In FIGS. 3 and 4 there is shown a detailed view of the free end of the wand 6 in which it will be seen that it is comprised of a pair of elongate rods 7, 8 interconnected at spaced intervals along its length by part-circular links 9, 10, respective pairs of which also serve the function of acting as holders for respective light sockets 5 and attendant bulbs 4. At the free end of the wand 6 the rods 7, 8 are moulded together in a generally “D” shape 10, defining an aperture 11 by which the wand 6 may, if preferred, be tied or otherwise secured to the interior of the tree by a releasable fastener (not shown).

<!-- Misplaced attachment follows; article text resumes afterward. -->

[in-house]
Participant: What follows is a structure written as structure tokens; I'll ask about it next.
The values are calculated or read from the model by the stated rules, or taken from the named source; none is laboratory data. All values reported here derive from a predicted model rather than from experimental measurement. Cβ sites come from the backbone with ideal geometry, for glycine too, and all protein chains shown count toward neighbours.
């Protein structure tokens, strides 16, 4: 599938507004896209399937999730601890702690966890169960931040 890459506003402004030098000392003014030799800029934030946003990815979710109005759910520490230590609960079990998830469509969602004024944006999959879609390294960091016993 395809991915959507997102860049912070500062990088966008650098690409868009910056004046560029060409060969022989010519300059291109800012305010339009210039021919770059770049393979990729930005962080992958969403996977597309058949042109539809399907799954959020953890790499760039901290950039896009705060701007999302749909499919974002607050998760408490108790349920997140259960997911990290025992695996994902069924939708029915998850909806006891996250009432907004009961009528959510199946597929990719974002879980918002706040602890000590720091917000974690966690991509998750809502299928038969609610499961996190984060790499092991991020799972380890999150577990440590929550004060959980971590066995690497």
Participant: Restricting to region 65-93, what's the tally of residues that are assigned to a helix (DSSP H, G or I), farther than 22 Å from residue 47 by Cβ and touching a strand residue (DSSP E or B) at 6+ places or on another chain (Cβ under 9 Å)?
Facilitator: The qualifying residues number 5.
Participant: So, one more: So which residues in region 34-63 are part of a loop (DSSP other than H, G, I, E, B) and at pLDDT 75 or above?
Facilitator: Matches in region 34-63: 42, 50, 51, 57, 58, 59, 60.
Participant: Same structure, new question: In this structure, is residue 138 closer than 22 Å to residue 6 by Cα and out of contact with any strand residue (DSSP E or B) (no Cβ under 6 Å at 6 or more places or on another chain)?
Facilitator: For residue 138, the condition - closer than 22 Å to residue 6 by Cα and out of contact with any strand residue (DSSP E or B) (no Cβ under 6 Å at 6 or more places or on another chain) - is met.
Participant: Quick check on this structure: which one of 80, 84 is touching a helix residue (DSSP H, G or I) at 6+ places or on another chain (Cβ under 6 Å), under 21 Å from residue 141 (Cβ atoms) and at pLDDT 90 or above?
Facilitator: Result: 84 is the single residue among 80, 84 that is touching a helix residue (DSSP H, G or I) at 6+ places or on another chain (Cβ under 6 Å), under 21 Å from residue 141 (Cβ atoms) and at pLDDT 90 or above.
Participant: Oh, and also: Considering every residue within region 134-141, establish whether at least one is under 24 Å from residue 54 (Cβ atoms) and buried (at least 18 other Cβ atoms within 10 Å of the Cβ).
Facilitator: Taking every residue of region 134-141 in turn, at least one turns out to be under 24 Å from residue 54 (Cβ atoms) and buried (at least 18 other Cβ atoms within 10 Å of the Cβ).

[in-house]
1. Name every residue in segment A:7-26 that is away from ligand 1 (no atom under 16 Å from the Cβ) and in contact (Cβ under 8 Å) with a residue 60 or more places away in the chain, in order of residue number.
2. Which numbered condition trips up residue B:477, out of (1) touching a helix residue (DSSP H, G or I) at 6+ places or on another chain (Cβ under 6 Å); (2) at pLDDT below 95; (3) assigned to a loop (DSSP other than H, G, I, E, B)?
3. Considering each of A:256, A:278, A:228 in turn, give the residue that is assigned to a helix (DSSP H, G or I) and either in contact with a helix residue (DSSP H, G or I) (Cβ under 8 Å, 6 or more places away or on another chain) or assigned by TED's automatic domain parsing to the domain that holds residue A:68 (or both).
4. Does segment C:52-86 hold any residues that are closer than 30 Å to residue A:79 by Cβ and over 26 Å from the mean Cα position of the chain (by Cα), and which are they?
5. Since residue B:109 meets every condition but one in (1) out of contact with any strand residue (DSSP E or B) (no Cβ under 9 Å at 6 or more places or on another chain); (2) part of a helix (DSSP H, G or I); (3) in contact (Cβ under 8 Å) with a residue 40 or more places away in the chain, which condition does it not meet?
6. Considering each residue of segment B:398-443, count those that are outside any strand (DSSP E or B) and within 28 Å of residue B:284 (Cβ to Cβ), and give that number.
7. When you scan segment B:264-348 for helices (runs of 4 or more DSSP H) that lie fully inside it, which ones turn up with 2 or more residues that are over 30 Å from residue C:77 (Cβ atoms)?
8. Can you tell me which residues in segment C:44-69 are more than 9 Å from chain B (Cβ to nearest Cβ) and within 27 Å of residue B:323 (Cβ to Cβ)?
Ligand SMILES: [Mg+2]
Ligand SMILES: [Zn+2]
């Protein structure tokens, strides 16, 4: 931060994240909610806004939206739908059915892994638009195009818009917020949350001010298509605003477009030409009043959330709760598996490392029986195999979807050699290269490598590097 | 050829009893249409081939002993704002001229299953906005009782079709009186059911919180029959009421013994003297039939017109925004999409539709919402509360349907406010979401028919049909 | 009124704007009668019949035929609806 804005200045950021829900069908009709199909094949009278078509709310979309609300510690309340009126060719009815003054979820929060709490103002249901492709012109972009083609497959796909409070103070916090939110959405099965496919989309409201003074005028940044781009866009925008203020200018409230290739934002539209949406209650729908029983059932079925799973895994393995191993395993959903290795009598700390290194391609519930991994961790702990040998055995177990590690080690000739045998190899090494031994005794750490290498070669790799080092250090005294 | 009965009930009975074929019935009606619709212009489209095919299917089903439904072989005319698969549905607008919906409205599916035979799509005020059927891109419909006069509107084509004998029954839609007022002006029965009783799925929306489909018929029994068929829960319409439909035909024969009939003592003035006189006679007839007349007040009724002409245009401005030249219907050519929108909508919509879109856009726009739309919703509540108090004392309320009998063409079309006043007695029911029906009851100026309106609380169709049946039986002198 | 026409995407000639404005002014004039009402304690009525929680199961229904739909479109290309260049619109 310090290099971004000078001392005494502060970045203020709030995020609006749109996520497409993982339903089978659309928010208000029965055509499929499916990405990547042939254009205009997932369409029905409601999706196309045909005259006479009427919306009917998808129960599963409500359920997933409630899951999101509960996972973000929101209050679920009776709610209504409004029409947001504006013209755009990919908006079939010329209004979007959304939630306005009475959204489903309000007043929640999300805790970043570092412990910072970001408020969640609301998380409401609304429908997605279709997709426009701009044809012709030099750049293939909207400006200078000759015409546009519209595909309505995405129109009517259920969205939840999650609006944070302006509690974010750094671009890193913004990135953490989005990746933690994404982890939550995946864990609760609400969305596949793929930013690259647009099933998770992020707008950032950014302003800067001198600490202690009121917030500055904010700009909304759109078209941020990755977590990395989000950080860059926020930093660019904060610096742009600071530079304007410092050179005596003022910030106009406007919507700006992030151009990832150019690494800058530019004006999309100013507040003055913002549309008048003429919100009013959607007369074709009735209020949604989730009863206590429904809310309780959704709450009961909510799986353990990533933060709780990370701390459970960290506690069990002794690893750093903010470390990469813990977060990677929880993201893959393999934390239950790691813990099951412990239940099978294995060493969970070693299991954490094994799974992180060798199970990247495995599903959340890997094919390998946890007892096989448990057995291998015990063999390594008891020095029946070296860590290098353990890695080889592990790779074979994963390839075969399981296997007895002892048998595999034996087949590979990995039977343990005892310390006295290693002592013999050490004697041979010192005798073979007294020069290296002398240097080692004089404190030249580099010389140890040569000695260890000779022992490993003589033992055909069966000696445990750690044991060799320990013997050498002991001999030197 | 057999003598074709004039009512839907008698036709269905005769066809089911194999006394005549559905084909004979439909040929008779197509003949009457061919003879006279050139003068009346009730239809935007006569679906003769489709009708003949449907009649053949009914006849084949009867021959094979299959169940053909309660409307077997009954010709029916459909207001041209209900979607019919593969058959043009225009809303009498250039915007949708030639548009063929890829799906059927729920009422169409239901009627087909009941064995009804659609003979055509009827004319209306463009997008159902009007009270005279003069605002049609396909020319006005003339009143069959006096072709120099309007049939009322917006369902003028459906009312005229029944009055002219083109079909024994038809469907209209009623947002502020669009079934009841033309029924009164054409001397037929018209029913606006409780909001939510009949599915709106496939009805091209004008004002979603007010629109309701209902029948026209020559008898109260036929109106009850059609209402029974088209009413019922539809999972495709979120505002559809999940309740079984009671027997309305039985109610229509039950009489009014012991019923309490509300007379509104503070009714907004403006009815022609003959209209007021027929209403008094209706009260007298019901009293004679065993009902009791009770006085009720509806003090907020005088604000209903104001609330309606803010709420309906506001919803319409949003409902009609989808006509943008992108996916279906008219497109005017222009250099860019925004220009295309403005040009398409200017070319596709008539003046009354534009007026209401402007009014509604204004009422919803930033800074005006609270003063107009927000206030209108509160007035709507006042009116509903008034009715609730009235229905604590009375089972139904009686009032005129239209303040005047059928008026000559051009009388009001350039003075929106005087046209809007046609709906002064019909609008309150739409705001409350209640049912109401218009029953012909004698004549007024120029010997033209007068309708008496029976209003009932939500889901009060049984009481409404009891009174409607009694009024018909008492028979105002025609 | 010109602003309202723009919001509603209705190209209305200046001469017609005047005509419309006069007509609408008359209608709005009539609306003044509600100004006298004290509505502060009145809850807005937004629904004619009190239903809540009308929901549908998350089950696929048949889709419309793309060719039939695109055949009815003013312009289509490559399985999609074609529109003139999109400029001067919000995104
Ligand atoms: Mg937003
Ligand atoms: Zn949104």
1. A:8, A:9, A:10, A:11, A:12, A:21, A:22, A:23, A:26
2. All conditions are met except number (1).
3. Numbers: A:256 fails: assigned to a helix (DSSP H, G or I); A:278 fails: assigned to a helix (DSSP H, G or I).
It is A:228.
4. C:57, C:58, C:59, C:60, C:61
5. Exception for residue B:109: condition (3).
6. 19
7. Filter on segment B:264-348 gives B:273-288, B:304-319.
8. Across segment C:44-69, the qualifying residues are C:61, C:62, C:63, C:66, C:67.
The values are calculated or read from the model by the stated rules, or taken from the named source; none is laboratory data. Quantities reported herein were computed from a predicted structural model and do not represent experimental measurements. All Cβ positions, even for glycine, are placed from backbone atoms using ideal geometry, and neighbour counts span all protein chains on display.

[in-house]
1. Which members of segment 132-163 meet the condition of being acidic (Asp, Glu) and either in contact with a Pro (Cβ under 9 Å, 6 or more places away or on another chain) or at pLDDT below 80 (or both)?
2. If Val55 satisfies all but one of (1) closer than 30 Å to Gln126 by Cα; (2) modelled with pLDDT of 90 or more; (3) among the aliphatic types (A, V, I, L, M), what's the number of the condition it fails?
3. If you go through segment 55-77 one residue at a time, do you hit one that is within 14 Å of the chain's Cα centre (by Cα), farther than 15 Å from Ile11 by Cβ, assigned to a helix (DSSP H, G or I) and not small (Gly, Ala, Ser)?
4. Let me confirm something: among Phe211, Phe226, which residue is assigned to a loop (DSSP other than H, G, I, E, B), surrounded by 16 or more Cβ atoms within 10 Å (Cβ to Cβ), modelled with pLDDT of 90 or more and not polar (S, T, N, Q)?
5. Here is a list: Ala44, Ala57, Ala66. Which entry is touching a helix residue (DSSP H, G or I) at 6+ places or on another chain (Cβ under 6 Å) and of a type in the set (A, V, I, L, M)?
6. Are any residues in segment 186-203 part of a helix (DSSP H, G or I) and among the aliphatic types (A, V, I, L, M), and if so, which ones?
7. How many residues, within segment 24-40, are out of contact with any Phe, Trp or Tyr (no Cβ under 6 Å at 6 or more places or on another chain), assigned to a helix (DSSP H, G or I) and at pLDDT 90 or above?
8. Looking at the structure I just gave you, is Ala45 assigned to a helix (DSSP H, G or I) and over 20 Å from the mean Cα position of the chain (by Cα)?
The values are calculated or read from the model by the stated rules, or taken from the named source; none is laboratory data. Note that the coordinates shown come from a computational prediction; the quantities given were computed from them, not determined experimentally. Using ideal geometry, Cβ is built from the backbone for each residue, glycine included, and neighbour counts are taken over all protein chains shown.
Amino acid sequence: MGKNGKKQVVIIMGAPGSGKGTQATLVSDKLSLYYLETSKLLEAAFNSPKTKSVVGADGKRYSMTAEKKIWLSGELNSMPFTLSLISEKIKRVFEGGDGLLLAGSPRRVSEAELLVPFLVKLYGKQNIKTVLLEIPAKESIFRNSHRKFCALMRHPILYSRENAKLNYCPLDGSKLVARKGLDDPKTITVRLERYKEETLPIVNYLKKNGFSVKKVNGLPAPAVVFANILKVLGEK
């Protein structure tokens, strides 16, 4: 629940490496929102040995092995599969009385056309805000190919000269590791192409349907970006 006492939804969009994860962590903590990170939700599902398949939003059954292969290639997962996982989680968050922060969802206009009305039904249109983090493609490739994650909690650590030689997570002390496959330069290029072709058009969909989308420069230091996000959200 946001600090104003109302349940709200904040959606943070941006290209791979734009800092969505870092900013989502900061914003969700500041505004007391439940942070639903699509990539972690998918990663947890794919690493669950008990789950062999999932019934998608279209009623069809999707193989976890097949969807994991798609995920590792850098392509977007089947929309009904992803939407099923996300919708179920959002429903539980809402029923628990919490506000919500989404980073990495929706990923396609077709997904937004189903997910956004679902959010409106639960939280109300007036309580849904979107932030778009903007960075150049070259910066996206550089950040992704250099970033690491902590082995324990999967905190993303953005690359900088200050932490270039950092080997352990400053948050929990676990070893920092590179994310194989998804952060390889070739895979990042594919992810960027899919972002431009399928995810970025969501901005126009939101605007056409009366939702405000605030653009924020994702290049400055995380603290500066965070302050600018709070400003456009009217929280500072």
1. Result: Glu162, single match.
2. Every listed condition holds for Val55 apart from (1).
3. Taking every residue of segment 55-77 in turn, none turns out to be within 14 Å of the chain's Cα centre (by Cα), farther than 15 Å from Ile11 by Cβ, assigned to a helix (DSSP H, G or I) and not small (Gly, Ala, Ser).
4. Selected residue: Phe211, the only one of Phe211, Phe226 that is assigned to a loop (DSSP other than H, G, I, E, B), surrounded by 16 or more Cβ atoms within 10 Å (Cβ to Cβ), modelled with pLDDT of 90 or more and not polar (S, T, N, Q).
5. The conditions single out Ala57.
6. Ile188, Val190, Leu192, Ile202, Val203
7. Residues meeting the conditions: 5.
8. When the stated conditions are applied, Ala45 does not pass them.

In FIG. 5 there is shown an alternative embodiment of wand to that shown in FIGS. 3 and 4 which comprises a transparent plastics tube 12 within which are axially positioned light bulbs 4 and light sockets 5. In this embodiment they are supported by the interior of the tube 12 which is of size generally corresponding to the external radius of each light socket 5.
Turning now to FIGS. 6 and 7 there is shown in each a part sectional view of part of a wand 6 a which is adapted to selectively permit each light socket 5 and respective light bulb 4 to be swivelled outwards from a stored position as shown in FIG. 8 to an exposed position as shown in FIG. 9. In this embodiment the wand comprises a generally flattened strip 13 moulded contiguously with semicircular side walls 14, 15 which collectively define a channel for receiving respective groups of light bulbs 4 and light sockets 5.